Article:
Beside these, I saw on trees a large number of fruits, which are said to be excellent but I had no opportunity to taste them. But I must not, in speaking of fruits, omit to mention the sugar cane, which was voted by all our party to be the most invaluable discovery we thirsty travellers made on the Isthmus. It certainly is very palatable and very refreshing, a piece of it being better than a glass of ice-water to allay thirst.

Sugar Cane #1

When we ventured, in the face of the speculators in Sorghum seed, to ask what had become of the article in cultivation, we were called seriously to task. We had allusion to the original programme, which asserted that it was to supply the north with sugar. Soon it was reduced to molasses, and now doubters on that matter are increasing. H. Y., in the Rural New Yorker, says: "A few years since the production of silk was the popular hobby, and hardly any family ' with souls above buttons,' but what experimented in that mania, which was the universal topic of conversation and the trumpetings of the public prints: not a paper, daily or weekly, but what made this subject a constant theme, until silk worms and multicaulis ruined thousands. Where is the great speculation now? - gone to the tomb of the Capulets. There is great danger of a like result for the sugar cane. Its successful operation depends, on so many contingencies - so foreign to the habits and abilities of farmers in general - requiring strong, well-made iron crushing rollers and evaporating pans, differing from anything in common use, that well-grounded fears may be indulged that this valuable addition to domestic comforts, and even as a profitable crop, will be abandoned and sink into the dark waters of neglect and forgetfulness.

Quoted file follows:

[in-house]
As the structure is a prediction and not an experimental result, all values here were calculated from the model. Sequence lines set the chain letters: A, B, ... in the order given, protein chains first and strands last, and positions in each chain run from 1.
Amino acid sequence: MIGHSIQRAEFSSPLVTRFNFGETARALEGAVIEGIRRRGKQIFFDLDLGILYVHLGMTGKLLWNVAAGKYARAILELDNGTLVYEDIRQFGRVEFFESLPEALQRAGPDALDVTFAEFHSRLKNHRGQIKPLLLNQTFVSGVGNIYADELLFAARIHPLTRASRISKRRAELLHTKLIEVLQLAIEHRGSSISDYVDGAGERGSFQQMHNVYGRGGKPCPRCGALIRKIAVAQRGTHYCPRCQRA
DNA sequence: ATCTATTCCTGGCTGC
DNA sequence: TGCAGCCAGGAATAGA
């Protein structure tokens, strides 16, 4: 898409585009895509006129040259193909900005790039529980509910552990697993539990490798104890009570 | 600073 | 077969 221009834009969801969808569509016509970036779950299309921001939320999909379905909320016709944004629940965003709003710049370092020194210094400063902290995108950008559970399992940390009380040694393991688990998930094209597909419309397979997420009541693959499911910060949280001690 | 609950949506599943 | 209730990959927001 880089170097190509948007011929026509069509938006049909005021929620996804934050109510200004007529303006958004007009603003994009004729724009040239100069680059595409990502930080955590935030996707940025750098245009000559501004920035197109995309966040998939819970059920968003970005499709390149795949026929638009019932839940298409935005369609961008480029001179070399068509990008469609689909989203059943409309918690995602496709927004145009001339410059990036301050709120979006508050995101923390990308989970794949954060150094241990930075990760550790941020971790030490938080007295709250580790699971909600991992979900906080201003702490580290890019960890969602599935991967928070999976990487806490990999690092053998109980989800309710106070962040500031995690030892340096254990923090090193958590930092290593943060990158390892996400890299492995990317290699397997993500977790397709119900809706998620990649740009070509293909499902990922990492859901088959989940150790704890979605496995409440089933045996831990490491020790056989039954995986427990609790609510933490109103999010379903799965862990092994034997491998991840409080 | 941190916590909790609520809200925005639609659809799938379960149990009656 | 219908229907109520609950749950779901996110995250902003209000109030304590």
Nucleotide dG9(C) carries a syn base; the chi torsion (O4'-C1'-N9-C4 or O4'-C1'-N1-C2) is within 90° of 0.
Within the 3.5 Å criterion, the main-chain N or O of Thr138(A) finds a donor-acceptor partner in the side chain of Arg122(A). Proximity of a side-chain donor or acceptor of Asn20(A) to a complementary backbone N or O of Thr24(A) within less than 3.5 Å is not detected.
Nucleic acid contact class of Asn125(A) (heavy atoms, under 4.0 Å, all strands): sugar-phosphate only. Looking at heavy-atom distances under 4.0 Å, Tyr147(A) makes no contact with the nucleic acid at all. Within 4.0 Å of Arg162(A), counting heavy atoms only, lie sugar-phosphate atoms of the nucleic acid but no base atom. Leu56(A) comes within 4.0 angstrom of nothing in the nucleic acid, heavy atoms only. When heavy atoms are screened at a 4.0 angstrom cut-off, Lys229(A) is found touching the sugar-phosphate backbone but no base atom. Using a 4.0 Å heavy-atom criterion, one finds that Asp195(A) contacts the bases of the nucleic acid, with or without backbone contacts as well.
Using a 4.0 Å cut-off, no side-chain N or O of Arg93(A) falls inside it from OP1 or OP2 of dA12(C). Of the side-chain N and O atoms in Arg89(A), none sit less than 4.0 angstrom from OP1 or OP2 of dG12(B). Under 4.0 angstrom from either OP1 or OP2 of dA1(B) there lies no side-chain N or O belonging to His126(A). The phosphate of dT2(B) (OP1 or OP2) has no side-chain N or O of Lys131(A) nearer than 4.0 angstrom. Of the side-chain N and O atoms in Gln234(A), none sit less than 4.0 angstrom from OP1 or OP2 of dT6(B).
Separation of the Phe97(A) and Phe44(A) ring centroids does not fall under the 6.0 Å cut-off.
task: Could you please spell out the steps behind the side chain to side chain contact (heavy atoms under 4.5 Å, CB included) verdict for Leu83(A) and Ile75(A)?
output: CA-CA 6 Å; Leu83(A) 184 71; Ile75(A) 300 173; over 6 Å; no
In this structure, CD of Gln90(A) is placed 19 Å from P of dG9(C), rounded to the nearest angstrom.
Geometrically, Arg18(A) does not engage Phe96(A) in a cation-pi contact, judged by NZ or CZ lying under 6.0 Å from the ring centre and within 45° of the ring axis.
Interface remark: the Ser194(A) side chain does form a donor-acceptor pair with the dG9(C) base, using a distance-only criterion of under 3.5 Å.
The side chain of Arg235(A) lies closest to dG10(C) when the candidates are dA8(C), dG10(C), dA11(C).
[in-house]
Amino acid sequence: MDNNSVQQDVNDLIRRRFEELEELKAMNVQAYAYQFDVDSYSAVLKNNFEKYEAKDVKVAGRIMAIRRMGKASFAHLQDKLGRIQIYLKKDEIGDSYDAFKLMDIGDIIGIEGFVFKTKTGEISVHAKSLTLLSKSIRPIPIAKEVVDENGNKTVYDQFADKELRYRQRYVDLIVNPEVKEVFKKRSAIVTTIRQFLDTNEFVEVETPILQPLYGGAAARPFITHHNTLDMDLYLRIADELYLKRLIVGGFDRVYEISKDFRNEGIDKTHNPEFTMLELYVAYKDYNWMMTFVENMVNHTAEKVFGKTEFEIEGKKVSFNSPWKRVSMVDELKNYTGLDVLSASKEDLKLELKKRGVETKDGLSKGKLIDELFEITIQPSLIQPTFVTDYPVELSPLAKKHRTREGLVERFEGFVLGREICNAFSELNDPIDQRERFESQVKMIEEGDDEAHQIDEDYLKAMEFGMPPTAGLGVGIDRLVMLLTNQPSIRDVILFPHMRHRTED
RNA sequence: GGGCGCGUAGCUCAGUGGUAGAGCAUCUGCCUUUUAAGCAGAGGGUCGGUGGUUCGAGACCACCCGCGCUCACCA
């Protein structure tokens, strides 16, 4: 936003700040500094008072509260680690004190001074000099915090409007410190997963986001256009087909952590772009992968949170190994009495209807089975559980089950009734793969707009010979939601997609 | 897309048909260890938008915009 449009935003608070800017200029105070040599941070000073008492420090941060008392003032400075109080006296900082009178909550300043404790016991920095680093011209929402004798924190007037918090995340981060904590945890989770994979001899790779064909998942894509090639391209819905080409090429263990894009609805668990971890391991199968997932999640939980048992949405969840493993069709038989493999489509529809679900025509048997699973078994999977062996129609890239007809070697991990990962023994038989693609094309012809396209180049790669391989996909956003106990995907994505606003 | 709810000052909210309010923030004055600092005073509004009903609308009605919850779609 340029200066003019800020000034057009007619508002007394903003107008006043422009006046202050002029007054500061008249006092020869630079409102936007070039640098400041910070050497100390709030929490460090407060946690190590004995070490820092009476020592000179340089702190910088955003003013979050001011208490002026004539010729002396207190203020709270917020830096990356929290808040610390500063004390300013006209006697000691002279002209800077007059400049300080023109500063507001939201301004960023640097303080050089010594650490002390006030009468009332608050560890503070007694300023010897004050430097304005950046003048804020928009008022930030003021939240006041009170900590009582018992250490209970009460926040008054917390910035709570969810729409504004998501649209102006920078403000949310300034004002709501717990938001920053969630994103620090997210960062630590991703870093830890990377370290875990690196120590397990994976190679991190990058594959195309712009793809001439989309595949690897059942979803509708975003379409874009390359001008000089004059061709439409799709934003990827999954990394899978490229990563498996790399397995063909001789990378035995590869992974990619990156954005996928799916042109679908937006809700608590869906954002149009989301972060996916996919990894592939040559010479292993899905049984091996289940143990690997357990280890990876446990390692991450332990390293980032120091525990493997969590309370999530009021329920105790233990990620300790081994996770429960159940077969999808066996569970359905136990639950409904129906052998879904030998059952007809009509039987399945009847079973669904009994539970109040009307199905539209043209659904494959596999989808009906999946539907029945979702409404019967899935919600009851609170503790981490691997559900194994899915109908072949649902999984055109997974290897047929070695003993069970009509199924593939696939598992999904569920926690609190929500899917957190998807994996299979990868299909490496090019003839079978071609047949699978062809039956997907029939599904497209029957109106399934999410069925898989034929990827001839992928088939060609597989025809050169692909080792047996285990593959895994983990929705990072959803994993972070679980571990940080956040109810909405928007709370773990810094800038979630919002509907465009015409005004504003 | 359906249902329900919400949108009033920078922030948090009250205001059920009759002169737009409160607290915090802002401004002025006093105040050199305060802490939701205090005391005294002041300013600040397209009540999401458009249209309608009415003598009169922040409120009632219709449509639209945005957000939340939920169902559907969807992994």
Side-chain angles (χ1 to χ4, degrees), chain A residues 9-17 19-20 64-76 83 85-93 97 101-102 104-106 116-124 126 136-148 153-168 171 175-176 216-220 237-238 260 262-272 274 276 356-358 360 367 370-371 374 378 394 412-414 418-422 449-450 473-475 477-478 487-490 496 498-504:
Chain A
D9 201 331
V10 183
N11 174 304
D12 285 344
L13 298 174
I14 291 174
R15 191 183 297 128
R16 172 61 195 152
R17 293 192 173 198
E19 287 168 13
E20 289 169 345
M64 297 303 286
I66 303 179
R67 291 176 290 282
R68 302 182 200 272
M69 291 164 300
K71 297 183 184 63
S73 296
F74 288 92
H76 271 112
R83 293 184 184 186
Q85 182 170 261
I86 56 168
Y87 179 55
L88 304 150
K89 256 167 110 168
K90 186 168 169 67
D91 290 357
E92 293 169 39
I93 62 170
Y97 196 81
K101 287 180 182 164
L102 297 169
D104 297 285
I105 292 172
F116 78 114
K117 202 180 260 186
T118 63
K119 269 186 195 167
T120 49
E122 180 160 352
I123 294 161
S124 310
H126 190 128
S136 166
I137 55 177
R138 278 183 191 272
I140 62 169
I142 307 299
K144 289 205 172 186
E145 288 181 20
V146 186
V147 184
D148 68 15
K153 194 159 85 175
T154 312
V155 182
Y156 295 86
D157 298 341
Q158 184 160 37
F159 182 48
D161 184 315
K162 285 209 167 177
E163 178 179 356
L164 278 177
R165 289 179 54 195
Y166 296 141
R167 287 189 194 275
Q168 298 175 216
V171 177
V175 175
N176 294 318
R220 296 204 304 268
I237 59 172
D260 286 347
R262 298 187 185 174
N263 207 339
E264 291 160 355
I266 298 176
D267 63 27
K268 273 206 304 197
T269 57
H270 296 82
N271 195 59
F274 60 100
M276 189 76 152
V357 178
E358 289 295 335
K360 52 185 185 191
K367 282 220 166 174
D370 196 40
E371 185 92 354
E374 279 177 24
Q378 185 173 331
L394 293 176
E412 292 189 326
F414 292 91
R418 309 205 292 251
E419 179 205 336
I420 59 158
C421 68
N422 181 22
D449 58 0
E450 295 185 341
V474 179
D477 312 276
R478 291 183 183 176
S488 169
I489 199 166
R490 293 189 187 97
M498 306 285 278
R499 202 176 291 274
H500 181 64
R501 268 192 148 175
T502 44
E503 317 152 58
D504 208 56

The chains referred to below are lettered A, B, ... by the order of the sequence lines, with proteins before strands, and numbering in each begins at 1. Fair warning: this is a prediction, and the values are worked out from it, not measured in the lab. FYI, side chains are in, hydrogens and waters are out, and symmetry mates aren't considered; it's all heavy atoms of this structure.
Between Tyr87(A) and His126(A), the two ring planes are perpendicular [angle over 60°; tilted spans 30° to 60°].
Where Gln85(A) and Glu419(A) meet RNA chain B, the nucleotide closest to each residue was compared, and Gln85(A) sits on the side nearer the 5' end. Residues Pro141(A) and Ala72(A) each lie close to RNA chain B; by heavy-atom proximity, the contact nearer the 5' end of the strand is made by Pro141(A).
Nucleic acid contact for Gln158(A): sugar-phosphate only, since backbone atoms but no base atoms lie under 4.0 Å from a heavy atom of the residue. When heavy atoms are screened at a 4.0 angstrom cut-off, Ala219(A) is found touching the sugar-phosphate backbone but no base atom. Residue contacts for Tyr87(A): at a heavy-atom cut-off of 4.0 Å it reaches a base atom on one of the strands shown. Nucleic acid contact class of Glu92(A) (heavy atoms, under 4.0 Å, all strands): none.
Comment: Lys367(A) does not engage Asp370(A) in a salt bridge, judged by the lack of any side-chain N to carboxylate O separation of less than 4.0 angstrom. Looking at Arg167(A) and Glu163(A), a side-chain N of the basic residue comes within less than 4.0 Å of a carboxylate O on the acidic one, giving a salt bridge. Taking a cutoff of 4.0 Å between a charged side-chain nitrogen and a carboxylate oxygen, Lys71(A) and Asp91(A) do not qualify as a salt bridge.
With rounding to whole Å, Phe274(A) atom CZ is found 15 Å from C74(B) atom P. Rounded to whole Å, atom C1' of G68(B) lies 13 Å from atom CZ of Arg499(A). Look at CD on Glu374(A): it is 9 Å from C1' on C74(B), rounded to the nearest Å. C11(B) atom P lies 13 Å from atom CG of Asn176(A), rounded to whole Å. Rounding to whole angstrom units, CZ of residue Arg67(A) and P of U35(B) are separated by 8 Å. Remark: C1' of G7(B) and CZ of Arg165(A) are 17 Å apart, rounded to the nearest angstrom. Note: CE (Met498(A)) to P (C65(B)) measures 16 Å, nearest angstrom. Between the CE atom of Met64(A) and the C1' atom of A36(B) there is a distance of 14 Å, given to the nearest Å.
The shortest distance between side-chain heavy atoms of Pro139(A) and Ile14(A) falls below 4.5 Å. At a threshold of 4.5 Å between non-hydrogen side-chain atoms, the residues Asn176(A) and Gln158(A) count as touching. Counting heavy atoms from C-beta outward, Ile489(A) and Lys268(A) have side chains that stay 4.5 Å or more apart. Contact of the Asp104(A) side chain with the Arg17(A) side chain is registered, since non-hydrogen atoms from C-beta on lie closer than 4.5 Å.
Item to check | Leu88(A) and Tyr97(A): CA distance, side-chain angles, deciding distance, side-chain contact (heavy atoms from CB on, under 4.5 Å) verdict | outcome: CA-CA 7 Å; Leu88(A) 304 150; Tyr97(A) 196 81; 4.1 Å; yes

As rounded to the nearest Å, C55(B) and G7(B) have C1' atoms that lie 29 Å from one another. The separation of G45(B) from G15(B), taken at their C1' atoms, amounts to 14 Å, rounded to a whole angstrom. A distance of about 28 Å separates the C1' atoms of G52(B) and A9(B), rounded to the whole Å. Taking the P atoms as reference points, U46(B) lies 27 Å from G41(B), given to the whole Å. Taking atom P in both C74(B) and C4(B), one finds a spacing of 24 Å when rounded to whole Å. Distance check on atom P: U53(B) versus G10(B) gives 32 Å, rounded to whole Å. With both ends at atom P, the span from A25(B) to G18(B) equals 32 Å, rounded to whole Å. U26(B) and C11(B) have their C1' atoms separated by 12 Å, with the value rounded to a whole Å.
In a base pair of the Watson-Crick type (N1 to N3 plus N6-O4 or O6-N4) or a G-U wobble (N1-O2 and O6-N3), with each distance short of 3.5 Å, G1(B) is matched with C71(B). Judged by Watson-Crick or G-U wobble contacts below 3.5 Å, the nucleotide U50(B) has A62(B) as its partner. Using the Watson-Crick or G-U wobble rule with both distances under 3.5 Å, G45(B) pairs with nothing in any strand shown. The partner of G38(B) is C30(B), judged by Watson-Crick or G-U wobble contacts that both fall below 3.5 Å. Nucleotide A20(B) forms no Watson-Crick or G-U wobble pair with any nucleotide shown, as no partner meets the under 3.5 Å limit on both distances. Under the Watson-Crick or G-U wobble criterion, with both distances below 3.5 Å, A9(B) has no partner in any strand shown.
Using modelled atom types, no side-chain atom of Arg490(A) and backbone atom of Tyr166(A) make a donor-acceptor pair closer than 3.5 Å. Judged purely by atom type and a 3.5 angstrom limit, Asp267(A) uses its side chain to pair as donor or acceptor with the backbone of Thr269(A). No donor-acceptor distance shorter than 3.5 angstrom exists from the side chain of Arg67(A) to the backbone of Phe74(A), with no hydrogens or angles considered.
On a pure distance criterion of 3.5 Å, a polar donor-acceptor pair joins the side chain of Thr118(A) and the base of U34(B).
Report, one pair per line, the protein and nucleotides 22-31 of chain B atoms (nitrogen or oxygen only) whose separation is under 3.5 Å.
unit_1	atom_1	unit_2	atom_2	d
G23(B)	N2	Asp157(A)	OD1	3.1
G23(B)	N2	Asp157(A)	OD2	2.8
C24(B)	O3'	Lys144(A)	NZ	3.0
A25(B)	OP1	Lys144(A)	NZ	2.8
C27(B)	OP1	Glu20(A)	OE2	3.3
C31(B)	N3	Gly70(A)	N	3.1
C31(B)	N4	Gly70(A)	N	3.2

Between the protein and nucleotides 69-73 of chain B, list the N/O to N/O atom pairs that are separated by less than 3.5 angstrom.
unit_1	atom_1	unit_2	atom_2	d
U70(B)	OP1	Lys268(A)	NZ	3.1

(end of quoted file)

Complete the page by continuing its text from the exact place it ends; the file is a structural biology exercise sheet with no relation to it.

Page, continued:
H. T.

Abroad, we find in some cases that success still attends the cultivators of the sorgho - Chinese sugar-cane - in France."The plant yields there excellent sugar; a farina obtained from the seed makes good bread and chocolate; alcohol and an agreeable tonic wine are extracted from the stem and leaves, as well as certain dyes, of tints hitherto supposed to be peculiar to China; and the residue is convertible into paper. Truly, a most useful plant. We are glad to hear that it has been introduced into Australia, where, in the seasons of drought to which the colonies are liable, it is found eminently useful as food for cattle".

We observe that Dr. Sicard, of Marseilles, has formed an interesting collection of the products derived from the sorgho, the Chinese sugar-cane, which has been much talked of lately. The number, 423, is already surprisingly large, and comprises portions of the plant itself, with the spikes and seeds; various kinds of flour made by grinding the seeds, and mixing the meal with other kinds of flour; specimens of sorgho bread; of sugars of different qualities; of the juice; of beer, cider, vinegar, and brandy, all made from sorgho juice; sorghotic acid; various dyes, carmine, red, rose, yellow, lilac, slate color, and grey; besides other preparations. The doctor has, moreover, written and published two volumes concerning the sorgho, containing a description of the plant, and of the processes by which it is to be utilized.

Sugar Cane #2

A large portion of the central and southern portions of the state will produce the cane in greater perfection than any of the West India islands; for the frequent rains which occur in June, July and August, insure a luxuriant growth of stalk and foliage; and the succeeding dry months enables the cane to develop its saccharine matter in the greatest perfection. As a sugar producing region, it is superior to Louisiana; for in that state, the foliage of the cane is injured by early frosts, and the perfect development of the saccharine principle interfered with. Of this substance we annually import 1,457,512,299 pounds; costing at points of purchase $79,146,974. Of this amount we annually pay Cuba about $50,000,000. It seems strange that we possess the climate and soil to produce sugar in perfection, and yet our population rush to our grain fields of the west, and raise wheat at a figure that gives them a bare subsistence.